Strings would produce gravitational waves because they get kinked as
    they meet each other in space. As two straight strings cross, for
    example, they can emerge from the meeting as two V-shaped strings.
    Every time strings cross, they can become more kinked, and to shake
    off a kink they emit a shockwave, cracking like a whip. This shockwave
    travels at almost the speed of light, and should produce an intense
    burst of gravitational waves. As first pointed out by Thibault Damour
    of the Institut des Hautes Études Scientifiques in Paris and Alex
    Vilenkin of Tufts University in Massachusetts, "cusp" signals could be
    spotted by the VIRGO or LIGO gravitational wave detectors. "The
    signals are very distinctive," says Joe Polchinski of the University
    of California at Santa Barbara. "If they exist, they could be picked
    up in the next few years."

    According to Polchinski, if strings are discovered it will take at
    least a decade to measure the signals precisely enough to deduce their
    properties. This, he says, may enable us to pin down their origins. It
    could be another source of disappointment: the observed strings could
    have nothing to do with string theory, but be low-energy versions of
    the cosmic strings that were once thought to have seeded the
    universe's structure (see "Return of the cosmic string").

    Nevertheless, it's an exciting prospect. String theory is big on
    imagination-stirring concepts, such as vibrating threads of energy
    that inhabit a multidimensional reality, and awesome collisions that
    create new universes. It may be that these elusive and fantastical
    strings have finally shown themselves.
    From issue 2478 of New Scientist magazine, 18 December 2004, page 30

Return of the cosmic string

    WE ALREADY know there cannot be an enormous number of giant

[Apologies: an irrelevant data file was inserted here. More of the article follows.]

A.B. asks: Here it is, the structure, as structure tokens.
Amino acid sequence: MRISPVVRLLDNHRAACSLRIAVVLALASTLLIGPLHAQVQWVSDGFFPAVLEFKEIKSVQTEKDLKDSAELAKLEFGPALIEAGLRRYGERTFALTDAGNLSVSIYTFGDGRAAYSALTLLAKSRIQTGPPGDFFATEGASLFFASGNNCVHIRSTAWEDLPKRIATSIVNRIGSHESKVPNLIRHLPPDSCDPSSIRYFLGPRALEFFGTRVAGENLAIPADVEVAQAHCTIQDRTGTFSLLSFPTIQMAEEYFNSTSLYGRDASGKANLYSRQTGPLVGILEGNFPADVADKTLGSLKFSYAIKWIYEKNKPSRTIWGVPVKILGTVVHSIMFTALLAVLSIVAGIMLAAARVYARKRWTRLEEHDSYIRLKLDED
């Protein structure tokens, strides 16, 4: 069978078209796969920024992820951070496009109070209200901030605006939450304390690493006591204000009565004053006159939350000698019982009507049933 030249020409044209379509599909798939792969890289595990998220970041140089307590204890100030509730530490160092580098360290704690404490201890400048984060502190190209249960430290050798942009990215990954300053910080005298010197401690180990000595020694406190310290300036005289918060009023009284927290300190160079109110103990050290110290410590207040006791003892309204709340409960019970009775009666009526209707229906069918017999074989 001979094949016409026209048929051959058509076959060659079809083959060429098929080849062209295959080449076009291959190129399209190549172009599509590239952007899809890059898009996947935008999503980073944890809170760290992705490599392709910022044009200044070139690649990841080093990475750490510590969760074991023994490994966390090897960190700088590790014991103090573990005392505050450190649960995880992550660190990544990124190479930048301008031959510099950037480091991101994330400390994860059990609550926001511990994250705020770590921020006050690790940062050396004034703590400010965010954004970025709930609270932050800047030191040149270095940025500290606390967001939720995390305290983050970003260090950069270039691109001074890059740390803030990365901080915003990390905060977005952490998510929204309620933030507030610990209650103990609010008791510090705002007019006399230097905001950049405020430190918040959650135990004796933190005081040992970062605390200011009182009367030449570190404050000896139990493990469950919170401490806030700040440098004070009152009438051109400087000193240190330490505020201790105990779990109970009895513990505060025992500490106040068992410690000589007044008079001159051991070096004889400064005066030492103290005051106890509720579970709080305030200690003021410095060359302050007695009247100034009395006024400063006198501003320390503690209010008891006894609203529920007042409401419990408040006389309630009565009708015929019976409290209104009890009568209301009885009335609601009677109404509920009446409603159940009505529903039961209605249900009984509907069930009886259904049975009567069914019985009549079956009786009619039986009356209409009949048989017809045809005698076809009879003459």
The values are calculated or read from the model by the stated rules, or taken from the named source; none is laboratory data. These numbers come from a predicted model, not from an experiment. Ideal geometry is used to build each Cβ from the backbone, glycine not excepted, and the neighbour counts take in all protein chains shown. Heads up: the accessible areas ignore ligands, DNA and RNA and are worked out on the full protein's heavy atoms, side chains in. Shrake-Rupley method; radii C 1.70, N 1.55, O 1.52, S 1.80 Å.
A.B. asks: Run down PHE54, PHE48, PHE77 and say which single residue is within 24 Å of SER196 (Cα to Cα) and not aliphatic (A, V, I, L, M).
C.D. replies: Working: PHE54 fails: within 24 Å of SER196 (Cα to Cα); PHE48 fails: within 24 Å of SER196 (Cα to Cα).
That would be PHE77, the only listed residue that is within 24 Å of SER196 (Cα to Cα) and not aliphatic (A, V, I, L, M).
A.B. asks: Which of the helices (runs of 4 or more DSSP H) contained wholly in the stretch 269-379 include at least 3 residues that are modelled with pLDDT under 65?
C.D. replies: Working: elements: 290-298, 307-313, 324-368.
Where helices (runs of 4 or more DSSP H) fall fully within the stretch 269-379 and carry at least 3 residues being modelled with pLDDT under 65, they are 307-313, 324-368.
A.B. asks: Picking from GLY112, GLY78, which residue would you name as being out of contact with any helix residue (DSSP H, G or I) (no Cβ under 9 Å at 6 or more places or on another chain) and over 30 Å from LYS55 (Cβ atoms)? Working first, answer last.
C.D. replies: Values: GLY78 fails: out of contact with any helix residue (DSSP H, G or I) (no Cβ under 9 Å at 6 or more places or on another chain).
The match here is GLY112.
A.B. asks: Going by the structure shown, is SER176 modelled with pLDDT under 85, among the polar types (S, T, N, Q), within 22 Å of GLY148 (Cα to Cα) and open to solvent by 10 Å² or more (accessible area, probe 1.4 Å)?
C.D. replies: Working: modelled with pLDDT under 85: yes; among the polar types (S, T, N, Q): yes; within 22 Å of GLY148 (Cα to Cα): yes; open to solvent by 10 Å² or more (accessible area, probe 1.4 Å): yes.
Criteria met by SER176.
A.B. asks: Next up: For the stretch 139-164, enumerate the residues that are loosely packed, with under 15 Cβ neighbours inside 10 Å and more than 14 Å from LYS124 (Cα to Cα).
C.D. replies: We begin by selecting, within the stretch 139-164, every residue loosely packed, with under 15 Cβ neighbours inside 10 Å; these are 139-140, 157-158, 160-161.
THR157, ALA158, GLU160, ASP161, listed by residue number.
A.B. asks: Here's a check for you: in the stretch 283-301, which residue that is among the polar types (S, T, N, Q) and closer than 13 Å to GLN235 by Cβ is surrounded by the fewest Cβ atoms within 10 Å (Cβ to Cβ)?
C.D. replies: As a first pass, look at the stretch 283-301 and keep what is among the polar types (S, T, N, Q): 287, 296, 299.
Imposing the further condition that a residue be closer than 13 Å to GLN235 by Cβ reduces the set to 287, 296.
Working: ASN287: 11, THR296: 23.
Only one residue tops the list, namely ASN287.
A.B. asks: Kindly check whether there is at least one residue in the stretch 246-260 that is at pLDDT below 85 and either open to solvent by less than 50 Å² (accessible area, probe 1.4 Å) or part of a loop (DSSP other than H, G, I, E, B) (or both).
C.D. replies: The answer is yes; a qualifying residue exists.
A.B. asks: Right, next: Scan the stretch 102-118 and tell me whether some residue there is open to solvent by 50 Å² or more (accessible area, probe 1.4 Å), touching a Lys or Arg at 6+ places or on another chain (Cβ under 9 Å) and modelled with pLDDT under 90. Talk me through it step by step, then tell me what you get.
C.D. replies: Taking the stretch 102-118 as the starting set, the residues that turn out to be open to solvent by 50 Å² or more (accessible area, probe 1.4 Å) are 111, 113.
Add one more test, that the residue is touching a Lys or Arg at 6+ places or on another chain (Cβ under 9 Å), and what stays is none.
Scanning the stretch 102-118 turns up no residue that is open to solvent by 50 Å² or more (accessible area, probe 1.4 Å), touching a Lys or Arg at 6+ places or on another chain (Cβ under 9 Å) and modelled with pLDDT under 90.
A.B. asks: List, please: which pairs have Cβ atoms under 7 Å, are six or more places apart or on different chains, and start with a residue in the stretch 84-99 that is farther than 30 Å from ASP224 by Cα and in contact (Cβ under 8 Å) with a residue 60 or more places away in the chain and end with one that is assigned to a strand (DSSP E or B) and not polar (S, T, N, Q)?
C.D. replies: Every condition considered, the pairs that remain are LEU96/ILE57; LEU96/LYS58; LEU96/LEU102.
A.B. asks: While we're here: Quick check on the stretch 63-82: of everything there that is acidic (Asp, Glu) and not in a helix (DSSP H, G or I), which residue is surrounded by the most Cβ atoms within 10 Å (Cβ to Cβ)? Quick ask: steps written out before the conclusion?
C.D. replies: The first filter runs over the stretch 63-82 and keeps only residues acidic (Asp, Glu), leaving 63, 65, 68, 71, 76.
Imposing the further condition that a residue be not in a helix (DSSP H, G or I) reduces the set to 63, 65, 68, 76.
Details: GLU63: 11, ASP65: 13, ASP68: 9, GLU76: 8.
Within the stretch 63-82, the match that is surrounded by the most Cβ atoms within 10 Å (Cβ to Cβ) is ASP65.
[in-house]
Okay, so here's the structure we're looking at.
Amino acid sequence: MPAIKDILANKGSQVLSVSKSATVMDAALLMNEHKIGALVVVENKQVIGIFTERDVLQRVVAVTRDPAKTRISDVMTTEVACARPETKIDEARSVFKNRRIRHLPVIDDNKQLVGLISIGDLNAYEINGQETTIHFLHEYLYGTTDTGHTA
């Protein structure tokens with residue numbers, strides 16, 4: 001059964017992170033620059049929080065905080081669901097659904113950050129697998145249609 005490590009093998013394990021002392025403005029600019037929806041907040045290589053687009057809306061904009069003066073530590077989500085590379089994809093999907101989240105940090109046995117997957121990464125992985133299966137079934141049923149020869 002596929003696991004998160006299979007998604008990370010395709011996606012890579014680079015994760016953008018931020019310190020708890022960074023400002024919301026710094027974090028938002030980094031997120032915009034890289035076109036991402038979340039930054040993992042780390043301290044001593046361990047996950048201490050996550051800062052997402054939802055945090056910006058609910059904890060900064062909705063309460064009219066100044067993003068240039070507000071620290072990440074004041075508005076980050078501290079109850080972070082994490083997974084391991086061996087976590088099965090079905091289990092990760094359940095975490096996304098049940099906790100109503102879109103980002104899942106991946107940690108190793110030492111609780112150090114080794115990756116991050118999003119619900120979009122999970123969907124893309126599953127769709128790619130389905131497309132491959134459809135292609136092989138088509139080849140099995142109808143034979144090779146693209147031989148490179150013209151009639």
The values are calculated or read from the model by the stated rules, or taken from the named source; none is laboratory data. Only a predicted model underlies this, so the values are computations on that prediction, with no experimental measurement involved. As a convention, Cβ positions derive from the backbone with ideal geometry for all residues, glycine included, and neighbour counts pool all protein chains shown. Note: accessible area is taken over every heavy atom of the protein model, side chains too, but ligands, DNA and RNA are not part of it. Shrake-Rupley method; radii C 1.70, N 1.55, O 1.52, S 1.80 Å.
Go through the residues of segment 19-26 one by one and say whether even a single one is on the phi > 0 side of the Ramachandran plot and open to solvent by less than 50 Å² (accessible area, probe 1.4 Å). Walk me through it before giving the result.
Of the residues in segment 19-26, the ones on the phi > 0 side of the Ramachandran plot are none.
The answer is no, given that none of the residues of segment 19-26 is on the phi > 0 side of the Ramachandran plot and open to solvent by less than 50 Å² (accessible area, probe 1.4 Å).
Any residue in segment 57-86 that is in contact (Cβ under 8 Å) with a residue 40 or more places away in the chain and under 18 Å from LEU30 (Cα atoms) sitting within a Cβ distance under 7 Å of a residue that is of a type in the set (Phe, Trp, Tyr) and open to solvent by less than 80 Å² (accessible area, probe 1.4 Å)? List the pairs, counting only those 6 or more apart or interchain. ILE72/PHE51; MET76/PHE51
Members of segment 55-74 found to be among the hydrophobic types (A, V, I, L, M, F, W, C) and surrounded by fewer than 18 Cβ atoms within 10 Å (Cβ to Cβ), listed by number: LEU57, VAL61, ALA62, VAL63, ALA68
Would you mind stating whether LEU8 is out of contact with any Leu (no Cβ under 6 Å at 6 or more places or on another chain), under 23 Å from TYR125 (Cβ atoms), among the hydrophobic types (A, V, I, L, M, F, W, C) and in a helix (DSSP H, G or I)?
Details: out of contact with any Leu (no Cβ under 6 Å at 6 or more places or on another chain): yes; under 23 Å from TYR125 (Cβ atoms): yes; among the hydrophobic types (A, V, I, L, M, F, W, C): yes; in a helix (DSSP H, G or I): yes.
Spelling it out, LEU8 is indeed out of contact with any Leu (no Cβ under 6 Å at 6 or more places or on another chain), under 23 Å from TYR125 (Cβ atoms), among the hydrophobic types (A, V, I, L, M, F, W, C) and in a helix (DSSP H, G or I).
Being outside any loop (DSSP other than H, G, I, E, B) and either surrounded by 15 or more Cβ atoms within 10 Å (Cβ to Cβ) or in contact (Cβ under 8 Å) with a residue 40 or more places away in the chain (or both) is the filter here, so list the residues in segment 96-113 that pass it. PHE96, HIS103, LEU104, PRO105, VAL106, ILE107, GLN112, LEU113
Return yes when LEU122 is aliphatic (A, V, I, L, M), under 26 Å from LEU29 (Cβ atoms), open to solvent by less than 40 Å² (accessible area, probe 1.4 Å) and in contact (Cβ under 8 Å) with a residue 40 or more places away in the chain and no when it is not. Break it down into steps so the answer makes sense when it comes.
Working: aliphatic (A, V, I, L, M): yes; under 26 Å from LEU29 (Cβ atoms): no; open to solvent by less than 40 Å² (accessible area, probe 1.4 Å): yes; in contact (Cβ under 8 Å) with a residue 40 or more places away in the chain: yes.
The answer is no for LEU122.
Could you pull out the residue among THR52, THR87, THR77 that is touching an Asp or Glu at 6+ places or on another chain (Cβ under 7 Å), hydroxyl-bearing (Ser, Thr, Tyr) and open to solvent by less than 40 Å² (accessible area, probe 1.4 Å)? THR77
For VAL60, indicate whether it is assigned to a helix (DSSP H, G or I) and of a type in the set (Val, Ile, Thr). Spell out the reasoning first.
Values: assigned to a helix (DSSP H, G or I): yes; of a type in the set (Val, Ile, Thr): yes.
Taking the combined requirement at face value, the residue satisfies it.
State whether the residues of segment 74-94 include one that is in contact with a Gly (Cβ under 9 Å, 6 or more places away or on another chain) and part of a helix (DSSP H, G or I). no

superstrings out there. That's because they share many characteristics
    with "cosmic strings", concentrated threads of energy that physicists
    once believed to be scattered throughout space. In the 1980s,
    cosmologists were greatly interested in such structures: they were
    thought to be defects in space and time, formed by abrupt
    misalignments in the fundamental fields of nature when the universe
    cooled in the aftermath of the big bang, and locked forever in the
    weave of the fundamental fields threading the universe.

    Cosmic strings would be massive, and according to theory their gravity
    was of exactly the right strength to drag in the cooling debris of the
    big bang and seed the great superclusters of galaxies we see in
    today's universe.

    The observations, unfortunately, did not play ball. The gravity of
    cosmic strings should distort the cosmic background radiation - the
    "afterglow" of the big bang fireball - in a particular way, creating
    distinctive features. These were not seen. More seriously, experiments
    such as Boomerang and NASA's Wilkinson Microwave Anisotropy Probe,
    which each made detailed measurements of the radiation's temperature
    differences across different angular scales, saw sharp fluctuations in
    the temperature of the background radiation. The existence of such
    sharp peaks was seen as a natural consequence of the fact that the
    universe had a very particular size, or scale, at the end of an early
    epoch of super-fast "inflation". If cosmic strings - or the
    superstrings created by brane collisions in string theory - had indeed
    seeded structures in today's universe, no such sharply peaked features
    would be created. That's because, according to the theoretical ideas
    behind them, both types of strings are created with all possible